When activist movements enter into confrontation with a corrupt government or establishment structure, often the temptation is to stick rather closely to what they know. The problem with this is that even though circumstances change and the fighting escalates, people will still turn to their old standby methods for defending themselves. This makes these movements repetitive, predictable and ineffective.
In the case of the liberty movement, the more passive tactic of marches and sign waving is immediately suggested. But inevitably some hothead is going to demand one of two things: a mass armed surge on the steps of Washington, D.C., or some kind of Alamo-inspired cinematic standoff. You would think that these strategies were the only two in existence; they are brought up so often it becomes mind-numbing. Continue reading →
The first Michigan Republican Liberty Caucus (RLC) convention
Commerce Township, December 5, 2015. Roughly 50 members of the recently rejuvenated Michigan RLC met at its first convention today to elect a board of pro liberty directors and pass key resolutions. The stated mission of the organization: “to further the principles of limited government, individual liberty, and free markets within the Republican Party and throughout America.”
The following two resolutions also passed unanimously:
Resolution: Defending the 4th Amendment and Privacy Rights
Whereas: Our privacy rights should never under any circumstances be violated by the NSA or any other rogue spying agency operating lawlessly in Washington D.C., and it is unacceptable that Big Brother Republicans are shamefully complicit with these violations of our freedom.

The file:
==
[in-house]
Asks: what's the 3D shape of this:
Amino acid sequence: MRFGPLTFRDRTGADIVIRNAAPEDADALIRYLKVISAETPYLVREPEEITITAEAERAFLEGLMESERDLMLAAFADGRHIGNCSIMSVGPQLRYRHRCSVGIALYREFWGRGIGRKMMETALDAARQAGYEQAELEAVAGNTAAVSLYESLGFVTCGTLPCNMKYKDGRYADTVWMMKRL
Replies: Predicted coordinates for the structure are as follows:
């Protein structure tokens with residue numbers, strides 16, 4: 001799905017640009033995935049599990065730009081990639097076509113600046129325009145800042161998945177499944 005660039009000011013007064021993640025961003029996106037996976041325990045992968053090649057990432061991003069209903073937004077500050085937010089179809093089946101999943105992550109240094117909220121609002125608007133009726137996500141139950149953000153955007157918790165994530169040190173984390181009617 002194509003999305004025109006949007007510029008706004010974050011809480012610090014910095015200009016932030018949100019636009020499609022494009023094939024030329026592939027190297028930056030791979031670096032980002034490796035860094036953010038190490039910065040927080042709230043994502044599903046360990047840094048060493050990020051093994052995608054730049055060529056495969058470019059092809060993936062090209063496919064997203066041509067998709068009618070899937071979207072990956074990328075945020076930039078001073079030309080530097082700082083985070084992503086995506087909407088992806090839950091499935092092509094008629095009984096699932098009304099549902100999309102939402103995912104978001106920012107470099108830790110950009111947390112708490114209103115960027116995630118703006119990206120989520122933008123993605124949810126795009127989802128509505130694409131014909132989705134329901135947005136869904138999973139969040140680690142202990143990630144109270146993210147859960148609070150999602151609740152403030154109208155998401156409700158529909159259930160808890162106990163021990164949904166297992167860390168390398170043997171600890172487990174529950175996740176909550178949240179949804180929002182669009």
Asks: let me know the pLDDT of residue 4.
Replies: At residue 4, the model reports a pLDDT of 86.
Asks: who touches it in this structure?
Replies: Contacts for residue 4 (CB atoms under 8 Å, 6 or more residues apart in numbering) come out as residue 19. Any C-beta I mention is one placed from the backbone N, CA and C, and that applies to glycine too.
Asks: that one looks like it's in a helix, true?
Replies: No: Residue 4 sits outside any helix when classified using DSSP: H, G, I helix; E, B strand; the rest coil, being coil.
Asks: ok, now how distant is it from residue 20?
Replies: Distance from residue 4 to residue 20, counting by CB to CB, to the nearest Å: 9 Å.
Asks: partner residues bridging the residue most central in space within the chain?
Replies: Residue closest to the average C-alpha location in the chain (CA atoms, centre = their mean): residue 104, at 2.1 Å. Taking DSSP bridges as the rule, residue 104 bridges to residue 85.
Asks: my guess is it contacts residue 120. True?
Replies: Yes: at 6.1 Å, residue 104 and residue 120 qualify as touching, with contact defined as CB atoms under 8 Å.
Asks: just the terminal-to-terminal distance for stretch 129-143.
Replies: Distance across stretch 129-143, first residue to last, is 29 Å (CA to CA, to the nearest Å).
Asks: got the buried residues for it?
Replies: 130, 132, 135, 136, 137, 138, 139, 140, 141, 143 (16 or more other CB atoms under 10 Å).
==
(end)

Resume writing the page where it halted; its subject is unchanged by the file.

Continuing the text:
Whereas: The state of Michigan must disavow any partnership or association with the NSA or any other federal agency working to facilitate the destruction of the 4th Amendment of the Constitution and the development of Big Brother and the national police state. Continue reading →
… is a symbolic assertion of consensus by millions of Americans on how their country can be fixed… especially in light of the federal government’s attacks on NSA whistleblower Edward Snowden and Army Wikileaker Bradley/Chelsea Manning.
The plan is to develop a Website and facilities for blanketing the country in ‘signage’—bumper stickers, t-shirts, coffee cups, lapel pins, banners, brochures, etc.—that will be suggestive of a Snowden-Manning 2016 presidential campaign. Continue reading →
Understanding the first principles of nonaggression
by Brian Wright
The Kindergarten Rules is the first installment of a series of seven that describe and advocate the Sacred Nonaggression Principle (SNaP)—my book advocating that we hold the nonaggression principle (banning the initiation of physical force) as the highest standard in social systems. Continue reading →
High Noon for Americans as Pete Hendrickson
is convicted for filing truthful federal tax returns
This is a column that appeared originally in the old format on November 01, 2009. I’m transferring this column to the new format because it’s important information about how the system reacted to Pete Hendrickson’s discoveries about the ‘income’ tax… by railroading him on false information asserted by a judge committing petite treason. For the latest on the progress of the educated tax movement please go to Pete’s site: losthorizons.com. Continue reading →